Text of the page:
While alternative heating methods such as ground or air heat pumps and solar-powered hot water are becoming more popular, most people in the UK still heat their homes with ‘conventional’ sources such as fuel oil, coal, gas, or electricity. Of those, roughly three and a half million are heated with oil. Industry predictions point to price and availability problems worsening over time, so if you’re heating with oil at the moment you should be thinking about moving to an alternative soon. Already expensive, it’s only going to get worse.
Aside from the cost there are other good reasons why you should not choose oil to heat your home and provide your hot water. Of course, if you already have a boiler and tank installed, you may feel bound to continue using it – but bear in mind that there are no government ‘feed in tariffs’ available.
Heating oil is a non-renewable resource that releases carbon dioxide when burned, contributing to global warming. So, it’s not a clean energy source. It’s a toxic chemical, so if either the storage tank or any of the pipes leak, it’s highly polluting to the immediate environment – i.e. your property. Aside from the cost of the oil itself, the equipment required – the boiler, pipes and storage tank – and the installation of the same, are all very expensive (see below). As heating oil is delivered by road, it’s possible that you’ll run out while you wait for the next delivery. Many people who use heating oil have either run out at some point or come very close to doing so – and of course, this will happen in the middle of winter, not summer.
The price of heating oil itself is already very high, and it has gone up dramatically over the past several years. An estimate by a well-known online consumer report group says heating and hot water will typically cost around £850 annually for a typical 3-bedroomed, semi-detached and well insulated home.
New boilers start at around £1900 but can be much more expensive. Installation, by qualified engineers, is extra. A new, approved storage tank will cost between £330 – £850 (depending on type). These are not pretty. As an alternative you can purchase ‘underground’ models, but these are much more difficult to repair if the need arises. Theft from domestic oil tanks seems to be increasing along with the price of oil.
The rising cost of oil
Between 1990 and 2000, the price of a barrel of crude oil fluctuated either side of $20 but didn’t stray very far from it for the entire decade. From 2000 to early 2008 it increased in cost by roughly 30% annually. For the first half of 2008 it increased very sharply from around $100 per barrel to almost $150 followed by a substantial crash, along with everything else affected by the global financial crisis. Since then it’s rebounded quickly and once again hovers close to $100. If you draw a line through the fluctuations, it’s a grim picture: an ascending curve that will quite possibly break through the 2008 record within the next two years.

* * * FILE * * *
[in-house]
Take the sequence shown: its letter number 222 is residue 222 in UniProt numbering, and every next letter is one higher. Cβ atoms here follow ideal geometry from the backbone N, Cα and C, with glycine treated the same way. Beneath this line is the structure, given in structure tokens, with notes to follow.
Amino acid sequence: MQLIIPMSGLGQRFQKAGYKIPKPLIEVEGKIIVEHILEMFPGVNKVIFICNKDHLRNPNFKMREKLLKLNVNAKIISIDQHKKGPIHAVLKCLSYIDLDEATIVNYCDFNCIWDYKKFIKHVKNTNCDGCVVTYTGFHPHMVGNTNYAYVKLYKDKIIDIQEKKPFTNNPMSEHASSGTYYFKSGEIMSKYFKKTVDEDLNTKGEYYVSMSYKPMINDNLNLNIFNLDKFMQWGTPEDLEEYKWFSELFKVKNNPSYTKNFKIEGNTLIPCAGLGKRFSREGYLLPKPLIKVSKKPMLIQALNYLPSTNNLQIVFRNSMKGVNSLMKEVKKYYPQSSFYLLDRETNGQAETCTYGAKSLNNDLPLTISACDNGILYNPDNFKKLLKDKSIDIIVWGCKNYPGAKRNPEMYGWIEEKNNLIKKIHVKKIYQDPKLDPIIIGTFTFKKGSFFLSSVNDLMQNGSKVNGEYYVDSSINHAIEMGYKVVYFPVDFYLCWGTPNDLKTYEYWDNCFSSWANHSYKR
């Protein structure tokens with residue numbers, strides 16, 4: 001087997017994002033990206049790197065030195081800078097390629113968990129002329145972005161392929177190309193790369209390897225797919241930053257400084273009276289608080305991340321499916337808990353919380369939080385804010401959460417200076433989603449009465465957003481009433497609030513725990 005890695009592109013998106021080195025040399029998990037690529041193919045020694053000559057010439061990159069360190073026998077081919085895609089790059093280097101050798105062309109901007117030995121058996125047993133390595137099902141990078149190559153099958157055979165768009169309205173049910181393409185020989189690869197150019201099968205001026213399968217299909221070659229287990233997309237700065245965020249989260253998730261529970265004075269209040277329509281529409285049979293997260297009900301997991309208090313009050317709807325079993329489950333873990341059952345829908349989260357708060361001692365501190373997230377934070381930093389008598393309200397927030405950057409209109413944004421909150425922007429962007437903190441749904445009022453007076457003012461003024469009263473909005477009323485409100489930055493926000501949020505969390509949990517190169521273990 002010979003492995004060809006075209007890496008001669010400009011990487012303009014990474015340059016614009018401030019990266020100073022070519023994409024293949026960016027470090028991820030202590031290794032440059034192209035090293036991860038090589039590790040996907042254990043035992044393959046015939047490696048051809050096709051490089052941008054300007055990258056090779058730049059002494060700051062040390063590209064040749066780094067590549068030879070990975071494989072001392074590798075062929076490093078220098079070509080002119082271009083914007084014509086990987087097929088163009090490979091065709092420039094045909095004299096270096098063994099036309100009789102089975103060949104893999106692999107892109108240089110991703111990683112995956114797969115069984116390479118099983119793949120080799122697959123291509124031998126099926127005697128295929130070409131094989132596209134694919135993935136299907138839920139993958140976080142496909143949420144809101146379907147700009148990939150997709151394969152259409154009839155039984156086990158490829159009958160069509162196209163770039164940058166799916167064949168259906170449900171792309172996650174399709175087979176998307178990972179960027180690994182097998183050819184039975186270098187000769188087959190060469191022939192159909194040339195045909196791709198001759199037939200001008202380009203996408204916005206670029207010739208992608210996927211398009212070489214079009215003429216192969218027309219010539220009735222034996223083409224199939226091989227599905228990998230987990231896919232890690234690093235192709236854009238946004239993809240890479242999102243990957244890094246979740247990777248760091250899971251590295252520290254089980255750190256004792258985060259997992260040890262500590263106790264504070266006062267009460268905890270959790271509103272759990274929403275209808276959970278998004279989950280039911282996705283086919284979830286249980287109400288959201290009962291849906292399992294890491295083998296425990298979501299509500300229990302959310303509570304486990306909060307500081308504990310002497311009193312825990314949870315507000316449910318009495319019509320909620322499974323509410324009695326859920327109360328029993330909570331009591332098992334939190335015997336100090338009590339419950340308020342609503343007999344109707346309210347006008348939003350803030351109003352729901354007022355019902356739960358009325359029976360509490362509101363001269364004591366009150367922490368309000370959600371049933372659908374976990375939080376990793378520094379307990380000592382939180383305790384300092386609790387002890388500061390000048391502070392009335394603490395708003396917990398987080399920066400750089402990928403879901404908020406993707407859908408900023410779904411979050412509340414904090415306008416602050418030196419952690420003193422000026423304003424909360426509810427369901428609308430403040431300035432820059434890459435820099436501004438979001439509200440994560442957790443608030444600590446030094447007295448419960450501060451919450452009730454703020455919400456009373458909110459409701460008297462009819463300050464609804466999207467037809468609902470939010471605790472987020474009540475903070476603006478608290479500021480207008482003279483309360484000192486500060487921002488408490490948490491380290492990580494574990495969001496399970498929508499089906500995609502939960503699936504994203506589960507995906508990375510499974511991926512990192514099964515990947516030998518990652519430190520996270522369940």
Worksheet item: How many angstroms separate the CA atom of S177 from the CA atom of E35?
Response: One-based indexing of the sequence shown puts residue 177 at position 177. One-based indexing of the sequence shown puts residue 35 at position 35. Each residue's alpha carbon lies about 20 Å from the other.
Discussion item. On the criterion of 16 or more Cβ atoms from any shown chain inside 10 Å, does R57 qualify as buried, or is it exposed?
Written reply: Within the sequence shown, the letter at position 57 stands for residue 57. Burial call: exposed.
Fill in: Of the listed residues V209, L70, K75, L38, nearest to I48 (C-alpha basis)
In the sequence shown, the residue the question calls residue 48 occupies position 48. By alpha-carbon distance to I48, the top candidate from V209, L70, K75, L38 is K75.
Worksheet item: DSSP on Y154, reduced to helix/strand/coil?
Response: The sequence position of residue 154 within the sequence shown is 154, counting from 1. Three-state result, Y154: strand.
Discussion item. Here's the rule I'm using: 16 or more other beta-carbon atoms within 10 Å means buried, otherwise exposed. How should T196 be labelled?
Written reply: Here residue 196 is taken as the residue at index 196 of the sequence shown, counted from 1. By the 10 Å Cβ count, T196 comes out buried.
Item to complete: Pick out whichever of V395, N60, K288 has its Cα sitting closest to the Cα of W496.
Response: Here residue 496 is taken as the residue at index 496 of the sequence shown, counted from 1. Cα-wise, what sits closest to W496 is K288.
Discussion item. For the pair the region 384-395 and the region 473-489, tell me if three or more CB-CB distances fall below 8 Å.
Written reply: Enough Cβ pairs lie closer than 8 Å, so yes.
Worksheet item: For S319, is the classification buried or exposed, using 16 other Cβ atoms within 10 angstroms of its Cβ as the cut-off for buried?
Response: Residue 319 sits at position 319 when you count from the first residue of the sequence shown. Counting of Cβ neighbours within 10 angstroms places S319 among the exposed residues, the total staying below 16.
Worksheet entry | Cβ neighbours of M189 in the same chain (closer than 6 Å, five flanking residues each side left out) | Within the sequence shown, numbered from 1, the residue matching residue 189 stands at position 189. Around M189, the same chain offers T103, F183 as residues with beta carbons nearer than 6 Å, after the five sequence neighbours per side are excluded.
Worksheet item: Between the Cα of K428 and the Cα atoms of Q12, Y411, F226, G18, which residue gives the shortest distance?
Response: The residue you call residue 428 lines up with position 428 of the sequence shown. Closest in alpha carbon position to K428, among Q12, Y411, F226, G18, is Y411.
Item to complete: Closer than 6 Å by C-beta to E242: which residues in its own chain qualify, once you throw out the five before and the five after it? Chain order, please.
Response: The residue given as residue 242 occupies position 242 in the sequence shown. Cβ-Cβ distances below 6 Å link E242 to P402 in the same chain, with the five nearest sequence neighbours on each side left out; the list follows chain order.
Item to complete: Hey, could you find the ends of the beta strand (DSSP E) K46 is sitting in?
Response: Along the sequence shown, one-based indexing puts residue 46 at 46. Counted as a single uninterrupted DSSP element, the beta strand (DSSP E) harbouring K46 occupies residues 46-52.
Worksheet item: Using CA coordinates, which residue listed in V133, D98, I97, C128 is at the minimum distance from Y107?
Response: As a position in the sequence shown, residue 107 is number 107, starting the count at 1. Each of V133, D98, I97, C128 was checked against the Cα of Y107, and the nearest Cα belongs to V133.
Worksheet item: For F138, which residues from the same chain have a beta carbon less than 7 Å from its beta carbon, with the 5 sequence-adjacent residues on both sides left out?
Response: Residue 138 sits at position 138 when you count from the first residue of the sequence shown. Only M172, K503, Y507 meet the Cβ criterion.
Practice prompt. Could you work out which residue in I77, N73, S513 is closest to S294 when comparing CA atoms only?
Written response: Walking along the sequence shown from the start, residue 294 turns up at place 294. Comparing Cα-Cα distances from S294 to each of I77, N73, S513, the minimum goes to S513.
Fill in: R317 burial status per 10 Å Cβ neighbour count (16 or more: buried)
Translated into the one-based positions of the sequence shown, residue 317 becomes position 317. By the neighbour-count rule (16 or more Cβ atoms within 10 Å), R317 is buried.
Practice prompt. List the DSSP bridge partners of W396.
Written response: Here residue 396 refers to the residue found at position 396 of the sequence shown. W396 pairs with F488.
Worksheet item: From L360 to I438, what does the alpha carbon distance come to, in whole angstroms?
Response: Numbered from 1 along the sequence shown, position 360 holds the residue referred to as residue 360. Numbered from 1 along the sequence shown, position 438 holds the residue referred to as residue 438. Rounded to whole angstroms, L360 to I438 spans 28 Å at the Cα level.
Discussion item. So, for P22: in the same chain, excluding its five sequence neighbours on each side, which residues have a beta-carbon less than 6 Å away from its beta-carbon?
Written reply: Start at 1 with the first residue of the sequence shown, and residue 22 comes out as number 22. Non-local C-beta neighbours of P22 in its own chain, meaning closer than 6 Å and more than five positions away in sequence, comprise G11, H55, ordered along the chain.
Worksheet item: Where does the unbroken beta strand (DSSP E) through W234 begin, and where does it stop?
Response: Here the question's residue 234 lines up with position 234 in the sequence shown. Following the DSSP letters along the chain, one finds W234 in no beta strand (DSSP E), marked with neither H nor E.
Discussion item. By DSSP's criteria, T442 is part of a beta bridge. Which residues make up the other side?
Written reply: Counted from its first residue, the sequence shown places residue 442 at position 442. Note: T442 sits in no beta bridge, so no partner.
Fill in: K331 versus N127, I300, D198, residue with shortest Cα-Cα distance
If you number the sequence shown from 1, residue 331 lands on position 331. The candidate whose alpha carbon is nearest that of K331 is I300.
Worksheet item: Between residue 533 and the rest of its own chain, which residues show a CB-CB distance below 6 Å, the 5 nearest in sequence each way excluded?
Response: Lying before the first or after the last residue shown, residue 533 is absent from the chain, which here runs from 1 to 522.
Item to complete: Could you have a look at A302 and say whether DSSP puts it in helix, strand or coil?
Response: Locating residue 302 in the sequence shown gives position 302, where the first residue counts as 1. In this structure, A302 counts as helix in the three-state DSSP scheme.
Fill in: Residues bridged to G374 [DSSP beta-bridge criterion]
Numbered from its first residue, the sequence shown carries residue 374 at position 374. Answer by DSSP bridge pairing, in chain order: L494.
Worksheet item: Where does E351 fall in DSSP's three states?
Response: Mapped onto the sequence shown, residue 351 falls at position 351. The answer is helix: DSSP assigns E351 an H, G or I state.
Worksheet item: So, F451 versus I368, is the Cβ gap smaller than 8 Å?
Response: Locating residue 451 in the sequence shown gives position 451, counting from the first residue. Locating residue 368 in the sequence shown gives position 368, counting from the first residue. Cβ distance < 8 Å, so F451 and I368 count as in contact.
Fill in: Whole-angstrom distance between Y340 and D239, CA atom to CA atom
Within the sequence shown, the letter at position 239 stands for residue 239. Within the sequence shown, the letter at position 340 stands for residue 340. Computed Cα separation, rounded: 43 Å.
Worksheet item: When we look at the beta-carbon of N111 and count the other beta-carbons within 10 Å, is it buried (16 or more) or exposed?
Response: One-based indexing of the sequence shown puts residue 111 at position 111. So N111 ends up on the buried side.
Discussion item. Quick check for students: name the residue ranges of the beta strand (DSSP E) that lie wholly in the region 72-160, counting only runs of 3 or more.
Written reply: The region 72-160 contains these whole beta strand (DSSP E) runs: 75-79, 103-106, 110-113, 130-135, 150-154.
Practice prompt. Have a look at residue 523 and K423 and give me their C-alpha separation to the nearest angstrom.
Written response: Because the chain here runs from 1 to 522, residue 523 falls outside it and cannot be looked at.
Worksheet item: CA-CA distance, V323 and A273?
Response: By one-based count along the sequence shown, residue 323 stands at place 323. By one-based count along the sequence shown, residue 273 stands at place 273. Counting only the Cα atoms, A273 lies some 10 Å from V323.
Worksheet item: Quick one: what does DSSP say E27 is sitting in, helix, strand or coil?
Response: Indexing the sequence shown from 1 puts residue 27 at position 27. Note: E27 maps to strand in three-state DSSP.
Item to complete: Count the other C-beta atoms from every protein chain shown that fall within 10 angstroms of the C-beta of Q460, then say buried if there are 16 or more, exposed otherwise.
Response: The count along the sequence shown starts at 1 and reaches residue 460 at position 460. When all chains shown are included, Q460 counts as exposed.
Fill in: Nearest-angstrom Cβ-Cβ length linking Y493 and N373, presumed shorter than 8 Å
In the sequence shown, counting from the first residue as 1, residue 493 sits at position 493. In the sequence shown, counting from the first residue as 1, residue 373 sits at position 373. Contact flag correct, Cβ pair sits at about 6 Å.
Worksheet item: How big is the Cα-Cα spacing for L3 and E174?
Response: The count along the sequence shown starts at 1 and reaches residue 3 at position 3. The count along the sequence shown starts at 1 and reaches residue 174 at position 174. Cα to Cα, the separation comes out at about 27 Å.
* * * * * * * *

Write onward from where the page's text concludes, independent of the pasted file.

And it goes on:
The oil used in domestic home heating systems, also known as fuel oil, is extracted directly from crude oil. After petroleum, it’s the second largest ‘cut’ and comprises roughly 25% of the crude oil from which it’s distilled. It’s commonly delivered by tanker truck and stored in above-ground storage tanks (‘ASTs’), located somewhere close to the building housing the boiler.
Oil-fired boilers need to be serviced annually, as parts such as the jets need to be periodically replaced to ensure efficient combustion of the fuel. This has to be done by a qualified engineer.
Renewable, vs. non-renewable
Oil, coal and gas are all fossil fuels. Burning them means depleting a resource which can never be replaced, as well as releasing into the atmosphere carbon which was stored millions of years ago – so they’re not carbon-neutral. However, heating with wood, which only releases the carbon stored in the recent past (i.e. while the wood grew) is considered to be carbon neutral.
Heating oil accounts for about 25% of the yield of a barrel of crude oil, the second largest “cut” after gasoline (petrol). But, ‘peak oil’ is upon us and prices of all fossil fuels are rising as never before. To make matter worse, a recent Office of Fair Trading (OFT) investigation into websites comparing heating oil prices has identified failings including false testimonials and incomplete information.’ It would also appear that heating oil suppliers hike prices sharply when the weather turns colder. The Watchdog Consumer Focus said that ‘heating oil customers were left with huge bills last winter after oil price spikes’. “We would urge anyone worried about the cost of heating oil to buy before winter kicks in to avoid paying peak prices,” said Adam Scorer, from the watchdog.
So, while it may be your best bet until you install something better, it’s not really a very good source of heating at all: it’s not green, it’s not cheap, it’s the source of a lot or industrial and domestic pollution, and there are periodic shortages. And, given the way the cost of energy is increasing, if you’re heating with oil at the moment you should be thinking of where you want to be in five years time. For now, if you have to buy heating oil, buy it before winter sets in – or you’ll end up paying much more for the same amount of heat.